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Friday, June 14, 2013

Regulating Snus in the E.U.

Should the E.U. be able to regulate sales of a product that can legally be sold only in one state? Would such regulations encroach too much on the governmental sovereignty of the state? In the U.S., Congress has steadily extended its power to regulate interstate commerce to the point that commercial transactions taking place entirely within one state are routinely covered. Is the E.U. headed toward the same outcome?
The full essay is at "Essays on the E.U. Political Economy," available at Amazon. 

Wednesday, June 12, 2013

Reinsurance as a Shell Game: Another Bailout to Come?

In the stock market, investors can be quite fastidious in demanding a certain quarterly profit or internal rate of return. The increasing activism of institutional investors exacerbates this trend, as they have the wherewithal to investigate the companies in which they hold stock and the incentive given the number of shares they typically hold in a certain company. This pressure can tempt managements to “go outside the box” in developing novel ways to inflate revenue or hid expenses and risk. In theory at least, companies owned by their employees or customers do not have to contend with that sort of pressure, and thus can manage their books with more transparency and honesty. Has managerial capitalism become too reductionistic in relying so much on the corporate form of ownership? Have we as societies been opening ourselves up to too much financial risk as a result? Further, if shifting more regulatory authority from the state to the federal level in the US (and presumably in the EU as well), what would be the cost to the federal system? The answers for the U.S. and E.U. could differ, given where each union is in its development. The insurance industry in New York is a case in point.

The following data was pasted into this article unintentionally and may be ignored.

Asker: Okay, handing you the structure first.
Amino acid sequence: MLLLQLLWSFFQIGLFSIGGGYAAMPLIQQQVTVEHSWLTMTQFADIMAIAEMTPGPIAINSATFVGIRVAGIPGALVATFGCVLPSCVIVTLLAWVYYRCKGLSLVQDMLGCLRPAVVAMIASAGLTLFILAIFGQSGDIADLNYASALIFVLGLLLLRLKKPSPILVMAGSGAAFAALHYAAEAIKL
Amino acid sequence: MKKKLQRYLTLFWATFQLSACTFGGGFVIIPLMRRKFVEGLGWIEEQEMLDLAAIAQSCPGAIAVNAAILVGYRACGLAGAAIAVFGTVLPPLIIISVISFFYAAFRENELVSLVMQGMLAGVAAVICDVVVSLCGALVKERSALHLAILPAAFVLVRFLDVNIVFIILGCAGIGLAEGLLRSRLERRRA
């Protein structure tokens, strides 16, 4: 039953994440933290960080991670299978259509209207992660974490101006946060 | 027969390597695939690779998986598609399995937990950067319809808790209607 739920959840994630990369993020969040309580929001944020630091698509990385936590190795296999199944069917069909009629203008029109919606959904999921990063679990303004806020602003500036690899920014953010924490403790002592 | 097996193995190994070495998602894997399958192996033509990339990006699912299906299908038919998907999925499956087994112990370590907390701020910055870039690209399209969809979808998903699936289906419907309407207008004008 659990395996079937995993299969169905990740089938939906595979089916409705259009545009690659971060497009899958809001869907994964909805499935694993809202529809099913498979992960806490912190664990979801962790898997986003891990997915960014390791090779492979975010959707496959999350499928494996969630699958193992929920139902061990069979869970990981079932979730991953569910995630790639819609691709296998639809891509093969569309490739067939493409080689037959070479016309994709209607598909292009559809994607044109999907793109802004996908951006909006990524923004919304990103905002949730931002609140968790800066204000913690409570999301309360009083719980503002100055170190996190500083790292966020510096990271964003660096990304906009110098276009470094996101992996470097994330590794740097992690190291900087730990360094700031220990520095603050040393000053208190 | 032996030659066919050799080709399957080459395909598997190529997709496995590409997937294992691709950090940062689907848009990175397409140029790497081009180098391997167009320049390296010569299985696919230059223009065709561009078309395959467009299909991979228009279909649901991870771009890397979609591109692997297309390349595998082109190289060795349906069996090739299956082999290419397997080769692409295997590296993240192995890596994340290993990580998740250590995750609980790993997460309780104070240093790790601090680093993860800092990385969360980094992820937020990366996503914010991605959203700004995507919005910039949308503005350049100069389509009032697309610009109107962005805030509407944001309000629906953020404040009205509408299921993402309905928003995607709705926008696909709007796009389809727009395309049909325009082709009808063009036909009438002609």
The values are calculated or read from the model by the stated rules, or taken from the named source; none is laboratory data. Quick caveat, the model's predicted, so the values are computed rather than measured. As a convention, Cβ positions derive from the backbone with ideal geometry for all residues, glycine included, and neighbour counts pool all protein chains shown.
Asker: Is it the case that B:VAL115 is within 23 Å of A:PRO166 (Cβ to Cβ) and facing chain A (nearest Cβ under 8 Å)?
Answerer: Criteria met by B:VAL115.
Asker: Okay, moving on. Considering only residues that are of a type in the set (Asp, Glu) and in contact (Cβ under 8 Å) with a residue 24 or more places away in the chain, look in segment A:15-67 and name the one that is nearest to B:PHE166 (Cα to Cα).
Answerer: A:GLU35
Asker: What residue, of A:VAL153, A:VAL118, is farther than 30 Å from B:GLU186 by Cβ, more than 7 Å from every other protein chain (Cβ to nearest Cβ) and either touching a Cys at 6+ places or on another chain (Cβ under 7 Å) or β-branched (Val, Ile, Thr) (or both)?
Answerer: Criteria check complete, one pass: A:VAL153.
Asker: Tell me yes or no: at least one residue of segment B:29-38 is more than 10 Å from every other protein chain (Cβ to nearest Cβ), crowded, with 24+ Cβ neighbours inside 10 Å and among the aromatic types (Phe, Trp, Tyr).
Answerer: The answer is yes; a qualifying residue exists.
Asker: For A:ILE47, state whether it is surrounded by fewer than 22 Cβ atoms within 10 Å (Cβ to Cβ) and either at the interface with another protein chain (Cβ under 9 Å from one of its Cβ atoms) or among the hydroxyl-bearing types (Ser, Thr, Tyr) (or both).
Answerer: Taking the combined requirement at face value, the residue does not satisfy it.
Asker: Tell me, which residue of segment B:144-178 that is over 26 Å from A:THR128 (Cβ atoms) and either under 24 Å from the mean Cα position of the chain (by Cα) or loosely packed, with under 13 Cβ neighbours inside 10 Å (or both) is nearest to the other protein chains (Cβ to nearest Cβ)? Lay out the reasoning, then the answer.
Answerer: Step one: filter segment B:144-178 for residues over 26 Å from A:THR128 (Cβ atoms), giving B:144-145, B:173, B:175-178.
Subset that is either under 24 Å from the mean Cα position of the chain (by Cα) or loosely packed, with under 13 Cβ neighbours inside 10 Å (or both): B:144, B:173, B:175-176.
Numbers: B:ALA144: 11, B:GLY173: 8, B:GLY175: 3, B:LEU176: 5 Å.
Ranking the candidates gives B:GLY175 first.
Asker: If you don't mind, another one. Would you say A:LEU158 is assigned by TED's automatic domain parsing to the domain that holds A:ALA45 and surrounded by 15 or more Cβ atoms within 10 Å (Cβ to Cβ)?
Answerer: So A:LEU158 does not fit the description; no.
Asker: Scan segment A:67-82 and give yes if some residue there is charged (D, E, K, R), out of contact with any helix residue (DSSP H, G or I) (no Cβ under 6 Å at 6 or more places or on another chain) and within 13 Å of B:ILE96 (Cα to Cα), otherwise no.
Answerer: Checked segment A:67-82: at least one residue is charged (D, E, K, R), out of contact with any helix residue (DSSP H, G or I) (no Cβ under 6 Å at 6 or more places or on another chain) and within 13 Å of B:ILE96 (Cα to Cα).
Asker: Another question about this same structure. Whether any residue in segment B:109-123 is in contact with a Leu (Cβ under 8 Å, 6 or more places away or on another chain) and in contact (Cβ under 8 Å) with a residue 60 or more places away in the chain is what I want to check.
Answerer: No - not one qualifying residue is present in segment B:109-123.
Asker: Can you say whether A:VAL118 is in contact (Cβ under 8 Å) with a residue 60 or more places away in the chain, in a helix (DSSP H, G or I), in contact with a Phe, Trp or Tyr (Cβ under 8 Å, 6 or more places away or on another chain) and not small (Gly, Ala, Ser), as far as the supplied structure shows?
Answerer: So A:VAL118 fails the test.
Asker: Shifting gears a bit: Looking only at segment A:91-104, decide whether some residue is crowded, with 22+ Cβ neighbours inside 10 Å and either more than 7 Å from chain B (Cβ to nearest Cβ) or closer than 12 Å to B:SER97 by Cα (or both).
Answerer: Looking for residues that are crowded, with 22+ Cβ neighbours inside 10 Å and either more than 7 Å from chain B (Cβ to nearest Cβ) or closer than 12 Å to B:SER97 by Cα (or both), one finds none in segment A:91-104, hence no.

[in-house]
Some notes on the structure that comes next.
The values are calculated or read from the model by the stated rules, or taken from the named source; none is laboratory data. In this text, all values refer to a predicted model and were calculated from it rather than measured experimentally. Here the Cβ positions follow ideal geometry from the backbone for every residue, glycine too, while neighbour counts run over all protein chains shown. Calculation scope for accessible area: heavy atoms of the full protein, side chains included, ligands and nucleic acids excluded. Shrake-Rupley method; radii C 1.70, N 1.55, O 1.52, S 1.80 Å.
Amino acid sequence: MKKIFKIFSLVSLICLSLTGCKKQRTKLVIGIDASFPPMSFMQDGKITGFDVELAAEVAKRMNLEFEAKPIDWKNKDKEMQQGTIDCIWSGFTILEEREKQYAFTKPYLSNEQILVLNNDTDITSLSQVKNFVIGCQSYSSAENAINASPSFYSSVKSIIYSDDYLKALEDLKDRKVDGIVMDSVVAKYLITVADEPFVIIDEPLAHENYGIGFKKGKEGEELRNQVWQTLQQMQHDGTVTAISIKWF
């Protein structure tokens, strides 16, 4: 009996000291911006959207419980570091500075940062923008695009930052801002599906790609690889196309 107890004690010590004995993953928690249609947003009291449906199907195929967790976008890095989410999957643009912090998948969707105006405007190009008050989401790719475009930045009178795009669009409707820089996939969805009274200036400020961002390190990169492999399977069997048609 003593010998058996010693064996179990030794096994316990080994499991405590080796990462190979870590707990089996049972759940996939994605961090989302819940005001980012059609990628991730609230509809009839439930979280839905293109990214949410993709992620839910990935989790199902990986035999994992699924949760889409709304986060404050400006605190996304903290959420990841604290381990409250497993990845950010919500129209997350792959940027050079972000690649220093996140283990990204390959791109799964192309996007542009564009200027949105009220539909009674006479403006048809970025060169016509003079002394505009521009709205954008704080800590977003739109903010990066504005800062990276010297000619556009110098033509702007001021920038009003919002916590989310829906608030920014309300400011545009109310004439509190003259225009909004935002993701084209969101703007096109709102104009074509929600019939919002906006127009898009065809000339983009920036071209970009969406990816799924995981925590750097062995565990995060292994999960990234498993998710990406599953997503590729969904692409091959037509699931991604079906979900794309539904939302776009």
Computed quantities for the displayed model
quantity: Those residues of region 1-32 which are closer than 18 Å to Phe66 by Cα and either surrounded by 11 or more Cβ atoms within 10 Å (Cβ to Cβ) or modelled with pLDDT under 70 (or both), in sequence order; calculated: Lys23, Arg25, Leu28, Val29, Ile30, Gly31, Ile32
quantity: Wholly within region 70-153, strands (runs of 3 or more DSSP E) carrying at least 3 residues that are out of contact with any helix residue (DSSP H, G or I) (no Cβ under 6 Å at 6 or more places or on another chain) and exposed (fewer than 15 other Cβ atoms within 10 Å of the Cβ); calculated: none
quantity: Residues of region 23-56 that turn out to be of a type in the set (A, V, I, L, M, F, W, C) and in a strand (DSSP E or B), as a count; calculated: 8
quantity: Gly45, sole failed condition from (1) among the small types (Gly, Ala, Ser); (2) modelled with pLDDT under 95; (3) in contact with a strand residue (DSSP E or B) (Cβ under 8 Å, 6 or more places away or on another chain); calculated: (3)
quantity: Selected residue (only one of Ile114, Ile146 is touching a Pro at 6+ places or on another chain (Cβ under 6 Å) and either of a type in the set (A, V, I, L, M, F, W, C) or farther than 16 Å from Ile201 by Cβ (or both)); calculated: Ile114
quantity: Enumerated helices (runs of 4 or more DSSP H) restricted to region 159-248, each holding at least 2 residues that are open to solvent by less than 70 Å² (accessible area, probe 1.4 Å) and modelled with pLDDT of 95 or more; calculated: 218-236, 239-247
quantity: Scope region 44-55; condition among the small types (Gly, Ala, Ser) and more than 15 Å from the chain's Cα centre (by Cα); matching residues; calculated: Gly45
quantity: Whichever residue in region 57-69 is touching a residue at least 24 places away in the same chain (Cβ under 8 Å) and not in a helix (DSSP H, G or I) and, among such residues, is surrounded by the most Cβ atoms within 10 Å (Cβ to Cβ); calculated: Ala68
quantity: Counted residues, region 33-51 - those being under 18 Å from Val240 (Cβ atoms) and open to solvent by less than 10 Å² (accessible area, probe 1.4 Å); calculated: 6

The full essay is in Cases of Unethical Business, which is available at Amazon.

Sunday, June 9, 2013

Should the ECB Spend an Unlimited Amount on Bonds?

The European Central Bank did not place any limit on its program in which the bank purchases bonds of heavily indebted states so as to keep their borrowing costs (i.e., the bonds’ interest rates) from increasing. The program, called Outright Monetary Transactions, had already accomplished that even before spending a euro. Anticipation that the ECB would enter a state bond market if its interest rate rose high enough was enough to keep the rates from skyrocketing.  So, the announcement that the ECB would spend what “would be adequate to meet [the] objectives” is perhaps more important than how much the central bank actually spends.[1]  According to Joerg Asmussen, an executive board member of the ECB, the OMT was “economically necessary, legally permissible and effective.”[2]  He made the comment as a court in the state of Germany was preparing to consider whether the OMT “infringes on the constitution’s insistence on sovereign parliamentary control over budget matters.”[3]  Hence, a tension between “legally permissible” and “infringes on . . . sovereign parliamentary control” threatened to kill a program that had already succeeded before buying one bond. Fortunately, legal experts were saying that the German court might defer to the European Court of Justice, the E.U.’s supreme court.

The full essay is at Essays on the E.U. Political Economy, available at Amazon.